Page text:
Anse Source d’Argent is a legendary beach in the Seychelles. White sand, palm trees, turquoise water and impressive granite rocks – a postcard setting that’s famous all over the world. The beach is ideal for newcomers to snorkeling: unlike most of the other Seychelles spots, it is sheltered by a coral reef. Although the lagoon is shallow and there is little coral, you can still see many fish. Only the more experienced snorkelers can adventure out on the other side of the reef, when the sea conditions permit.
To get there from the little port of La Passe, it takes around 20 minutes by bike, the preferred means of transport on the island. Follow the main road south (towards the right when you get off the boat), and the beach is clearly signposted. After paying an entrance fee, you cross a large estate (vanilla plantations, a terrestrial turtle reserve) before arriving at the beach near the Lanbousir restaurant. Leave your bike there and continue on foot, following the path along the coast. Anse Source d’Argent is a series of 11 beaches and creeks. Don’t stop when you get to the first ones (the busiest), but carry on until the last beach, which is where the lagoon is best preserved.
You can enter the water anywhere along the sandy beach. At low tide, you will have to walk a little to find water deep enough for snorkeling.
The area to be explored is between the beach and the coral reef, around 250 to 300 meters from the lagoon at this point. On your way to the reef, you will cross sandy areas (↕0-3ft/0-1m), then areas of seagrass, which gradually give way to a rocky seabed with small-sized coral here and there (↕3-5ft/1-1.50m).
Although it is rare to see small turtles, you can observe several species of fish, including butterflyfish, porcupine-fish, Moorish idols and damselfish. The water is shallow, so you should carefully explore the rocky crevices: small moray eels, groupers, pipefish and hermit crabs live there. Highly impressive and not particularly timid batfish will no doubt swim up to greet you. Leave them in their natural condition by not feeding them.
It will depend on the tides whether you can cross the reef and explore the other side. This option is reserved for experienced snorkelers and should only be done when the sea is calm and the currents are weak. The underwater seascapes are similar to other places on the island, including Anse Sévère, which is safer.
The Digue Island Lodge offers accommodation closest to the spot (Union Chalet), some ten minutes on foot from the beach, but it is expensive. The area behind the Anse Source d’Argent beach is wild. Near the Lanbousir restaurant, you will find a number of places to eat, and a few fruit sellers. But you will have to walk 15 minutes or so from the last beach for the return. In the middle of the beach, a small shop sells fresh fruit juice and other drinks.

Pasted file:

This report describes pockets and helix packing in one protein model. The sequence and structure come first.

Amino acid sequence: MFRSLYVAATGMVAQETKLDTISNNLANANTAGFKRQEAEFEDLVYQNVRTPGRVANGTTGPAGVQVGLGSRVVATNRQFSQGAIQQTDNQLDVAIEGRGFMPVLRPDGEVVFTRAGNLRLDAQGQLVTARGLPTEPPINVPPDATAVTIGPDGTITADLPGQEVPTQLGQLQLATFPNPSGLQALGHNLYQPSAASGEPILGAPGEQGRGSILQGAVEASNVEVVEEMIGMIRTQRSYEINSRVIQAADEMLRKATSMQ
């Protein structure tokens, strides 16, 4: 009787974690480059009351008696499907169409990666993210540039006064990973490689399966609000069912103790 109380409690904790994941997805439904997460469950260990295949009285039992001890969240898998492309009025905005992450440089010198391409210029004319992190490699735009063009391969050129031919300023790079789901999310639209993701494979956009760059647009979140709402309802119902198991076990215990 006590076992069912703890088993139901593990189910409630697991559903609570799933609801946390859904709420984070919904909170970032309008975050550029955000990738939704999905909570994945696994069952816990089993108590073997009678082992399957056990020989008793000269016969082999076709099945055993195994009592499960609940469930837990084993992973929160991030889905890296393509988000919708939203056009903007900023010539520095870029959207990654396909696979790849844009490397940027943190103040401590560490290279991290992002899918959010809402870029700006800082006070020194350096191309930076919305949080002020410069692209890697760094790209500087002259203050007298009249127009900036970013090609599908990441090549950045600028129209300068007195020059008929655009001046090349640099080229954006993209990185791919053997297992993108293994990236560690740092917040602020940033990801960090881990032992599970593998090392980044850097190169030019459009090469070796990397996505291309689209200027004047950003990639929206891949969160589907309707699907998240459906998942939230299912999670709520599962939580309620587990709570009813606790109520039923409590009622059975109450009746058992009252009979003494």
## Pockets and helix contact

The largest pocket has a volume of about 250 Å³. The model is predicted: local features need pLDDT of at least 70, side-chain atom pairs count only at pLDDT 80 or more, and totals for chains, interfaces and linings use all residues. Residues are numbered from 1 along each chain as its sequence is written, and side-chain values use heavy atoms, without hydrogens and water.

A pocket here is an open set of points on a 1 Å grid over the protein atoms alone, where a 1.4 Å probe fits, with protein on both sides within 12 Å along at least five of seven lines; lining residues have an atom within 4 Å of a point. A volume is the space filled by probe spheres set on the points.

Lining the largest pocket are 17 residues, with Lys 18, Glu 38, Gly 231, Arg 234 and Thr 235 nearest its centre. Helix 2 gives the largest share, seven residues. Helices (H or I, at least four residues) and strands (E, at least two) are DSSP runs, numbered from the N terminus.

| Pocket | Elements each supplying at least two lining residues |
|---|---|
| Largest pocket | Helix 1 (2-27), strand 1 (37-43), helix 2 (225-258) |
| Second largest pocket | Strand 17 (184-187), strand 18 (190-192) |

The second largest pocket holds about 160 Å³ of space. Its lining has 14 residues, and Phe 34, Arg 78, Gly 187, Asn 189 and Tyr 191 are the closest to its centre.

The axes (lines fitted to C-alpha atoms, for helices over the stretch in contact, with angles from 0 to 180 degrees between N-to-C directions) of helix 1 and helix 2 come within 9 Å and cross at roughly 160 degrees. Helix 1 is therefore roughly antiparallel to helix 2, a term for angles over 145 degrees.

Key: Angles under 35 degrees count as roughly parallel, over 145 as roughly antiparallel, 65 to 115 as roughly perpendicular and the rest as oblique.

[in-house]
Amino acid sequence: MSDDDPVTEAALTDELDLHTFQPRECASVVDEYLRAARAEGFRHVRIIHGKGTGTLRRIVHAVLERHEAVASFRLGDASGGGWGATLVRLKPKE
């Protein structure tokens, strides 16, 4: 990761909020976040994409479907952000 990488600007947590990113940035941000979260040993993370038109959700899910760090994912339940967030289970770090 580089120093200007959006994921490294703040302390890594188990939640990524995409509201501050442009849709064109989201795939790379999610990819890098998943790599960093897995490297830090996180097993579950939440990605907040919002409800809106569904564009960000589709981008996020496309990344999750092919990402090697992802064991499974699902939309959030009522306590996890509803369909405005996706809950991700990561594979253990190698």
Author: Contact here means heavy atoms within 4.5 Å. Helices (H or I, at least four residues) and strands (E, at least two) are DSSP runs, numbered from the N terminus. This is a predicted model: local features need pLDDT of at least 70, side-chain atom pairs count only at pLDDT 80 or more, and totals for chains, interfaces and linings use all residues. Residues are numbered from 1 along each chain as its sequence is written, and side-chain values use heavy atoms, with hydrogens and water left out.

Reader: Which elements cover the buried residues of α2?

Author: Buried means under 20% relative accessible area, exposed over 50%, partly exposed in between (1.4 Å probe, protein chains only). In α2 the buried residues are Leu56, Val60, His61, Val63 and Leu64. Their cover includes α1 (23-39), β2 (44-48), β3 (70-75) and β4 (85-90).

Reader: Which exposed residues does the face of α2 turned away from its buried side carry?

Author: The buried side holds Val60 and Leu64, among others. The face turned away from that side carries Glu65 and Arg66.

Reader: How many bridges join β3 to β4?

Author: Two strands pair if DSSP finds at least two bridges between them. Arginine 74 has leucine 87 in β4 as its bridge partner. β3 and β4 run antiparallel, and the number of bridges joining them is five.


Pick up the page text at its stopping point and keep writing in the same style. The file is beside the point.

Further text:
These snorkeling spots are accessible to beginners and kids. You will enter the water gradually from a beach, or in a less than 3ft. deep area. The sea is generally calm, shallow, with almost no waves or currents. These spots are usually located in marked and/or monitored swimming areas. It is not necessary to swim long distances to discover the sea life.
This level only apply when the spot experiences optimal sea and/or weather conditions. It is not applicable if the sea and/or weather conditions deteriorate, in particular in the presence of rough sea, rain, strong wind, unusual current, large tides, waves and/or swell. You can find more details about the definition of our snorkeling levels on our snorkeling safety page.
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Snorkeling spots are part of a wild environment and their aspect can be significantly altered by weather, seasons, sea conditions, human impact and climate events (storms, hurricanes, seawater-warming episodes…). The consequences can be an alteration of the seabed (coral bleaching, coral destruction, and invasive seagrass), a poor underwater visibility, or a decrease of the sea life present in the area. Snorkeling Report makes every effort to ensure that all the information displayed on this website is accurate and up-to-date, but no guarantee is given that the underwater visibility and seabed aspect will be exactly as described on this page the day you will snorkel the spot. If you recently snorkeled this area and noticed some changes compared to the information contained on this page, please contact us.
The data contained in this website is for general information purposes only, and is not legal advice. It is intended to provide snorkelers with the information that will enable them to engage in safe and enjoyable snorkeling, and it is not meant as a substitute for swim level, physical condition, experience, or local knowledge. Remember that all marine activities, including snorkeling, are potentially dangerous, and that you enter the water at your own risk. You must take an individual weather, sea conditions and hazards assessment before entering the water. If snorkeling conditions are degraded, postpone your snorkeling or select an alternate site. Know and obey local laws and regulations, including regulated areas, protected species, wildlife interaction and dive flag laws.